SBD/8/Facilities Venues

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         The Anne Arundel County (MD) Economic Development Corp., a
    nonprofit organization, commissioned the consulting firm of
    Arthur Andersen to conduct an economic study of the proposed
    $160M, 78,600-seat stadium that Jack Kent Cooke would like to
    build in Laurel, MD.  The study will examine three main areas:
    the money spent in the county and state on the project; the
    number of jobs that would be created; and public sector revenues
    generated by the project (WASHINGTON TIMES, 11/8)....Under the
    headline, "Divided on United," Daryl Van Schouwen writes about
    fans reactions to the new United Center under subhead: "Season-
    ticket holders giving mixed reviews" (CHICAGO SUN-TIMES, 11/6).

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         The Detroit Lions have long sought a more user friendly
    lease at the Pontiac Silverdome.  The team does not receive any
    revenues from parking, advertising or concessions -- one of the
    few NFL teams with that contract.  The city of Pontiac enjoys the
    lease situation, as in 1993 they made approximately $1 million in
    profit. Today, THE SPORTS BUSINESS DAILY examines the Pontiac Silverdome.
    STADIUM: Pontiac Silverdome, Pontiac, MI
    AGE: Completed in 1973.
    CAPACITY: 80,311
    OWNERSHIP: Owned by the City of Pontiac.
    MANAGEMENT: Managed by city employees and governed by PontiacStadium
    Building Authority.
    RENT: $2.66 million.
    102 — owned and operated by the Stadium Building
    COST: Total cost was $55.7 million, including $15.9M in general
    obligation notes and $25 in revenue bonds.
    PARKING: 12,637 parking spots on site. $7 a car, all revenue goes to the
    Stadium Authority.
    ADVERTISING: All advertising handled by the Stadium. Lions get no percentage
    of advertising revenue.
    CONCESSIONS: Elias Brothers Restaurant. Stadium Authority gets 30% of the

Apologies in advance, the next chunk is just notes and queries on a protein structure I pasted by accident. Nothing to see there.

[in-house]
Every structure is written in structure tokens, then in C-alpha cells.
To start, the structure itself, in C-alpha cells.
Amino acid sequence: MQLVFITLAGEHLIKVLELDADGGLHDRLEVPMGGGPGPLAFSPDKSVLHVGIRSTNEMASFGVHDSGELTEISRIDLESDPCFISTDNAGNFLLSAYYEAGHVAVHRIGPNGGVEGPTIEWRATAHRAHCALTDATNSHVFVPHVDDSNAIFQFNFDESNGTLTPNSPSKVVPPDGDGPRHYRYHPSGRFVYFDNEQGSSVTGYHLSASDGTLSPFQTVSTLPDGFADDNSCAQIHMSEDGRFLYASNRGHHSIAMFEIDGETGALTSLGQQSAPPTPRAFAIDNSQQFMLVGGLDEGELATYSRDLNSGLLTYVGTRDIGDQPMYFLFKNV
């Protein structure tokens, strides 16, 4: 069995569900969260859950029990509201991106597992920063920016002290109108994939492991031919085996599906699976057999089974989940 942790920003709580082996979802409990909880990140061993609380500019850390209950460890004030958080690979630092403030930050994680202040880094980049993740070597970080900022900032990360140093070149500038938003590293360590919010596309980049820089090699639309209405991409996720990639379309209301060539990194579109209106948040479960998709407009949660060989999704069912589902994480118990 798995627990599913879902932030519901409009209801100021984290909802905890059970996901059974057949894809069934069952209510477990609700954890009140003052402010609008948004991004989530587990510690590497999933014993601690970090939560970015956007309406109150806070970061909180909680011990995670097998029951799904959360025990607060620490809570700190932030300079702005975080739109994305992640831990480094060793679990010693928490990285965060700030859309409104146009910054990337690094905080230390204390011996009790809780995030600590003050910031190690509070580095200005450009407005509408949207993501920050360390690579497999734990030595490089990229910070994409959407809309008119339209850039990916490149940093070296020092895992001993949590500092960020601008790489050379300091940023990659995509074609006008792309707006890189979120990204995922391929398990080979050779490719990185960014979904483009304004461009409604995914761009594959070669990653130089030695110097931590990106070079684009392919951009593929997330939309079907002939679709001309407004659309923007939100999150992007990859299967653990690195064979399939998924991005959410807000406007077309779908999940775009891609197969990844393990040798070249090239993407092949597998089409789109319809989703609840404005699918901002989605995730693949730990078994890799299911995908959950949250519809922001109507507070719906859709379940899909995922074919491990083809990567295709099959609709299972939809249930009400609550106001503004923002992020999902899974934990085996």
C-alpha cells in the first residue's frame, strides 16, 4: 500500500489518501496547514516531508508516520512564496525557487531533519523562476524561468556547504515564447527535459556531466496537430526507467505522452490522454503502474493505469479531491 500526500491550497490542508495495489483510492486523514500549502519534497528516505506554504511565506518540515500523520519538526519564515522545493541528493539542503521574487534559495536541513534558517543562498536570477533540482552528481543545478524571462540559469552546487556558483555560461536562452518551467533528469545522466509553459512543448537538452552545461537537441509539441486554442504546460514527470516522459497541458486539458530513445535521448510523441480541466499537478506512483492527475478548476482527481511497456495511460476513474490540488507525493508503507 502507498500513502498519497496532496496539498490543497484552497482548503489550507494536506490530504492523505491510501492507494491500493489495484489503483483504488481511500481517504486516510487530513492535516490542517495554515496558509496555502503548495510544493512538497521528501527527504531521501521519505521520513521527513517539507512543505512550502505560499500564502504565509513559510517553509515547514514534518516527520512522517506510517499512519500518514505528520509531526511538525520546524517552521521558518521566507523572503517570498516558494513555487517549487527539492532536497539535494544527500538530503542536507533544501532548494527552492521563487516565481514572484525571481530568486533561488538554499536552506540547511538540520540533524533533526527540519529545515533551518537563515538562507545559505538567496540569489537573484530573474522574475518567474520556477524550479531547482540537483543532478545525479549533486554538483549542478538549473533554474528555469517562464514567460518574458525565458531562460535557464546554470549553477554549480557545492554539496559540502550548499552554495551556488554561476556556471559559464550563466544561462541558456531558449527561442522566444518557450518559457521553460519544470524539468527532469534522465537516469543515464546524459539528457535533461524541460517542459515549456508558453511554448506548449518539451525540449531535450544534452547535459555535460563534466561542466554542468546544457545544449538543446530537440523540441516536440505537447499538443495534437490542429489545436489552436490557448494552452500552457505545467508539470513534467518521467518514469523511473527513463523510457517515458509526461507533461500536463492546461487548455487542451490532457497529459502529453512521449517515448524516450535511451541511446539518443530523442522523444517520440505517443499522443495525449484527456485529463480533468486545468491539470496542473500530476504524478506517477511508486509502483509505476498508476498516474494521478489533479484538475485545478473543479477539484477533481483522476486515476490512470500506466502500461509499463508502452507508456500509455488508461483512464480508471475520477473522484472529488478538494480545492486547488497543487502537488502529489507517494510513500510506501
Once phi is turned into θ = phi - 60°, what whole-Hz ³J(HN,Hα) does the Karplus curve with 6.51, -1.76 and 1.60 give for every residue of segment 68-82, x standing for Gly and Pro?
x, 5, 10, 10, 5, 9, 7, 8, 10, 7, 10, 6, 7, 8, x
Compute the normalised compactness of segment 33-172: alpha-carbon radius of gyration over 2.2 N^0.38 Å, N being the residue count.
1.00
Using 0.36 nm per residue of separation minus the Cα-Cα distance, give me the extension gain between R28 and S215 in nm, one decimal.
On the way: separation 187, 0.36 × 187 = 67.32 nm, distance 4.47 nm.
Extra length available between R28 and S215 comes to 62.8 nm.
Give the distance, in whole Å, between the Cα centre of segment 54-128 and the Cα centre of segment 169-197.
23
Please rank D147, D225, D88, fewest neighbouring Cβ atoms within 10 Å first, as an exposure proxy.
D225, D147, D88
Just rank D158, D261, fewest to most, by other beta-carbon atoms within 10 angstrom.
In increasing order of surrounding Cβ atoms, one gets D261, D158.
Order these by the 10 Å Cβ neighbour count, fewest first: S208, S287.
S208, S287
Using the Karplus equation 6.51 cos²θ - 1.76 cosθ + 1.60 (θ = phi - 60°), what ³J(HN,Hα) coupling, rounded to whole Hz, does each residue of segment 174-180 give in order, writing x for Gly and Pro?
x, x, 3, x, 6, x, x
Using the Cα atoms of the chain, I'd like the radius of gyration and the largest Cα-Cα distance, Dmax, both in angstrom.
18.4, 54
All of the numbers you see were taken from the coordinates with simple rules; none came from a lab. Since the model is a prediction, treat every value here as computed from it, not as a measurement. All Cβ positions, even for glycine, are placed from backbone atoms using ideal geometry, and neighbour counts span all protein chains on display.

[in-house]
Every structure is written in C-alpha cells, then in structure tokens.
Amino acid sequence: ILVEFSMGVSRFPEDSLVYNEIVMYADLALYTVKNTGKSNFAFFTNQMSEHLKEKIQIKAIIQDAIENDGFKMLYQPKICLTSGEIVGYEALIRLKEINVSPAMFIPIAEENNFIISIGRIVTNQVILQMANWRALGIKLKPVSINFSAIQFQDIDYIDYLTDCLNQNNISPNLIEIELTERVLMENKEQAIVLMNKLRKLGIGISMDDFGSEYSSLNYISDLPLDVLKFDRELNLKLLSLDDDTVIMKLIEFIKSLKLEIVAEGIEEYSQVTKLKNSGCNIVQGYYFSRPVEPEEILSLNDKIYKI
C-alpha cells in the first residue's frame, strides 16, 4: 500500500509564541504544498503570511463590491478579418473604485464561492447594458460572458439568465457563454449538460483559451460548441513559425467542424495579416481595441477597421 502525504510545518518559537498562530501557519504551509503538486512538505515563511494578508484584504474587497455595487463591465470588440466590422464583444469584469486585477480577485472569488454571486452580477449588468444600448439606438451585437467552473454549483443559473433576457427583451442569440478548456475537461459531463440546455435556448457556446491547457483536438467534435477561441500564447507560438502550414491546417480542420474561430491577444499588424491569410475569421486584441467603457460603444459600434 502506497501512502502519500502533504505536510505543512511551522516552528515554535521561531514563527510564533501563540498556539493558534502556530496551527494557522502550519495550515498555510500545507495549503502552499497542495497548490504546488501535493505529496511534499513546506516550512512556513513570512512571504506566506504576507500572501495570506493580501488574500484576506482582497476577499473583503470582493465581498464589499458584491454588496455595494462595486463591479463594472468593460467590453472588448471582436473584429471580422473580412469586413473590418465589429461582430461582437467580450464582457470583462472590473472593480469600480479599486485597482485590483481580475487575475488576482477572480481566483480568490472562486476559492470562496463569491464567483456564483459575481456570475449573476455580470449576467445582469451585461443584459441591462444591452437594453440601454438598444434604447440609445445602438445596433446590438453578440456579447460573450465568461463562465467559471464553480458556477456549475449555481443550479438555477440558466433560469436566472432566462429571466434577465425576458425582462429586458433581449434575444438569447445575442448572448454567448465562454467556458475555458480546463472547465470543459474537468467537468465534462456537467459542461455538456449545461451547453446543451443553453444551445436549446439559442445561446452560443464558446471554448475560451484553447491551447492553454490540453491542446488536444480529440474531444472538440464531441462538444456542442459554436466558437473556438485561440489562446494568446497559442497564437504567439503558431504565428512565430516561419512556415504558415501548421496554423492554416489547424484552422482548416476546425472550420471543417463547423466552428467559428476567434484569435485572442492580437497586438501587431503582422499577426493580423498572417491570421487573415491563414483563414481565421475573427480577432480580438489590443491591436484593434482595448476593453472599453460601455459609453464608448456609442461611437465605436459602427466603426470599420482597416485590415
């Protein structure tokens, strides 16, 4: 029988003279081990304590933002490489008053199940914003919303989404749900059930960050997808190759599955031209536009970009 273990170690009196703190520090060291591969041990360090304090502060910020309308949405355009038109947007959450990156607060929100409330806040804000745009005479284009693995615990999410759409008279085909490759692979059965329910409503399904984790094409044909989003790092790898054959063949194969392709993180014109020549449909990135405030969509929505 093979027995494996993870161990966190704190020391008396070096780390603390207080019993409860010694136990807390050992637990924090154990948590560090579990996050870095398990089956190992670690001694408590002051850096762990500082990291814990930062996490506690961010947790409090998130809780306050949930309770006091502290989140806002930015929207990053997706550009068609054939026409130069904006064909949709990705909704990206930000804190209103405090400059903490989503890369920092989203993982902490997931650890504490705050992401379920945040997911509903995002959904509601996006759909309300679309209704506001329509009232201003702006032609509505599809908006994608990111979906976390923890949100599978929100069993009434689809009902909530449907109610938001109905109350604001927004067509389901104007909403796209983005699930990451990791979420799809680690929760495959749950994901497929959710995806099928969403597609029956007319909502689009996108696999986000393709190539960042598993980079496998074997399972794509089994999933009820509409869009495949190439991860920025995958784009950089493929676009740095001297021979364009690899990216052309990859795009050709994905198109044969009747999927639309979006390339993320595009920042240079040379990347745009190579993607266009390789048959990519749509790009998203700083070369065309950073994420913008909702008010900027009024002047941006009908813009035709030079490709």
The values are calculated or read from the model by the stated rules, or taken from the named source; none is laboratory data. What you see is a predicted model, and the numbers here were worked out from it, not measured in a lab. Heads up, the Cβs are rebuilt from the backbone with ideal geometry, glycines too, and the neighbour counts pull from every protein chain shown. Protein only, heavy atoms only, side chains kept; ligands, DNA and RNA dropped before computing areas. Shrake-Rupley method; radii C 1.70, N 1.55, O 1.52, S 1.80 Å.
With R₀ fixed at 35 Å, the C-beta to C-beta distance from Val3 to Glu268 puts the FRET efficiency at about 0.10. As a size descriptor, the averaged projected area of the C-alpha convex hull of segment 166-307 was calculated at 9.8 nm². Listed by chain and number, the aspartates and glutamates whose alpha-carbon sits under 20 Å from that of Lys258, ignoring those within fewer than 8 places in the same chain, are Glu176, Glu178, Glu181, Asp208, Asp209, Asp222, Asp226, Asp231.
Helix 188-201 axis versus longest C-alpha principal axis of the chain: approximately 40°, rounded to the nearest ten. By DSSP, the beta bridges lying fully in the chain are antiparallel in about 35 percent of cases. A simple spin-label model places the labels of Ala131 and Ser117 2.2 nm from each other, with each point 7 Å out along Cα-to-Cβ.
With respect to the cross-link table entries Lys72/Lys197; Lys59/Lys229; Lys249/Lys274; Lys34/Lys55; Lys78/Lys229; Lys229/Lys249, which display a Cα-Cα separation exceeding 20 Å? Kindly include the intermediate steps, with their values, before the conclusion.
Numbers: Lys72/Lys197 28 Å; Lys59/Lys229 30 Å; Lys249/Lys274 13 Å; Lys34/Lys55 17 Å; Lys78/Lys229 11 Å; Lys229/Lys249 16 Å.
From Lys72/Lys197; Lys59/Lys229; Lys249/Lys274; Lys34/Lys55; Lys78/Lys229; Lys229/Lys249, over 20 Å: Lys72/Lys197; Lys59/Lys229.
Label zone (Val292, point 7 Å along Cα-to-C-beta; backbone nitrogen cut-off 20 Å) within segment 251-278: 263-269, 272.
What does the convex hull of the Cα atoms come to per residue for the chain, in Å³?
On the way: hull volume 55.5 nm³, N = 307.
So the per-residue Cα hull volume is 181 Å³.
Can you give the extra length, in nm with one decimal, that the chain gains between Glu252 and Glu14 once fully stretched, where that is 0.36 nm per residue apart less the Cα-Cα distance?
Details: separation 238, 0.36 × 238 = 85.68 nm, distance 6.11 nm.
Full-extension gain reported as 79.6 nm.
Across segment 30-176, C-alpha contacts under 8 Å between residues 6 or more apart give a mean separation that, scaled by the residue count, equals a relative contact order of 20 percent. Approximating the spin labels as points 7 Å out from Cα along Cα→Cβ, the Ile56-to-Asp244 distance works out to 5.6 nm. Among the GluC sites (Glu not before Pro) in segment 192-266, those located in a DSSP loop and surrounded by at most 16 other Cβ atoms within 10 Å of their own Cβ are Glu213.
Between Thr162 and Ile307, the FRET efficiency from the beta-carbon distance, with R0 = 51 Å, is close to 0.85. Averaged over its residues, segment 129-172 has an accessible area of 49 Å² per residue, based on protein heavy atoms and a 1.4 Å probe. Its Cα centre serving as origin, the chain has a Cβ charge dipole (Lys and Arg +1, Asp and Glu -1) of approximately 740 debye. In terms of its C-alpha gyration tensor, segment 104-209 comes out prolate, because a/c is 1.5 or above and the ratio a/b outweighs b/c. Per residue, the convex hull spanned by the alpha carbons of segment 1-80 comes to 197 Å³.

split. Lions do not share in the revenue.
    LEASE: Lions lease expires in 2004.
    RENOVATION: Ongoing -- with playing field resurfaced in '93.
    PUBLIC $: Zero. There is approximately $35 million debt with the stadium.


    (Sources: Joe Tsao, Stadium Building Authority, rent and public subsidy from Florida Times-Union article on July 24, 1994.)

    Print | Tags: Detroit Lions, Facilities, General Motors, NFL

         In Dallas, David Jackson and David Dillion examine the
    growing trend in NHL & NBA cities to build new arenas.  Martin
    Greenberg, Dir of the National Sports Law Institute at Marquette:
    "Professional sports is in the midst of the largest building boom
    ever. ... If you don't have a state-of-the-art facility, you
    don't have a team."  Jackson & Dillion note that it is "this
    fear" that has inspired Dallas  to pursue a new $170M facility.
    Since '88, 14 cities have made various deals for new hockey and
    basketball arenas; four more are under construction.  "These
    projects have a common denominator:  The desires of team owners
    to make more money from the luxury boxes, private clubs and
    expanded concession stands that are turning modern sports arenas
    into upscale entertainment centers."  The cities involved "face a
    common challenge:  How much public money should they gamble on
    projects that some economists consider financial risks?"  The
    piece focuses on ten new arenas that have already opened or are
    being built: Gund (Cleveland), Rose Garden (Portland), New
    Seattle Center, The Palace at Auburn Hills (Detroit), Crossroads
    Arena (Buffalo), America West (Phoenix), Arrowhead Pond
    (Anaheim), San Jose Arena, Kiel Center (St. Louis) and the United
    Center (Chicago) (DALLAS MORNING NEWS, 11/6).

    Print | Tags: Facilities, NBA, NHL
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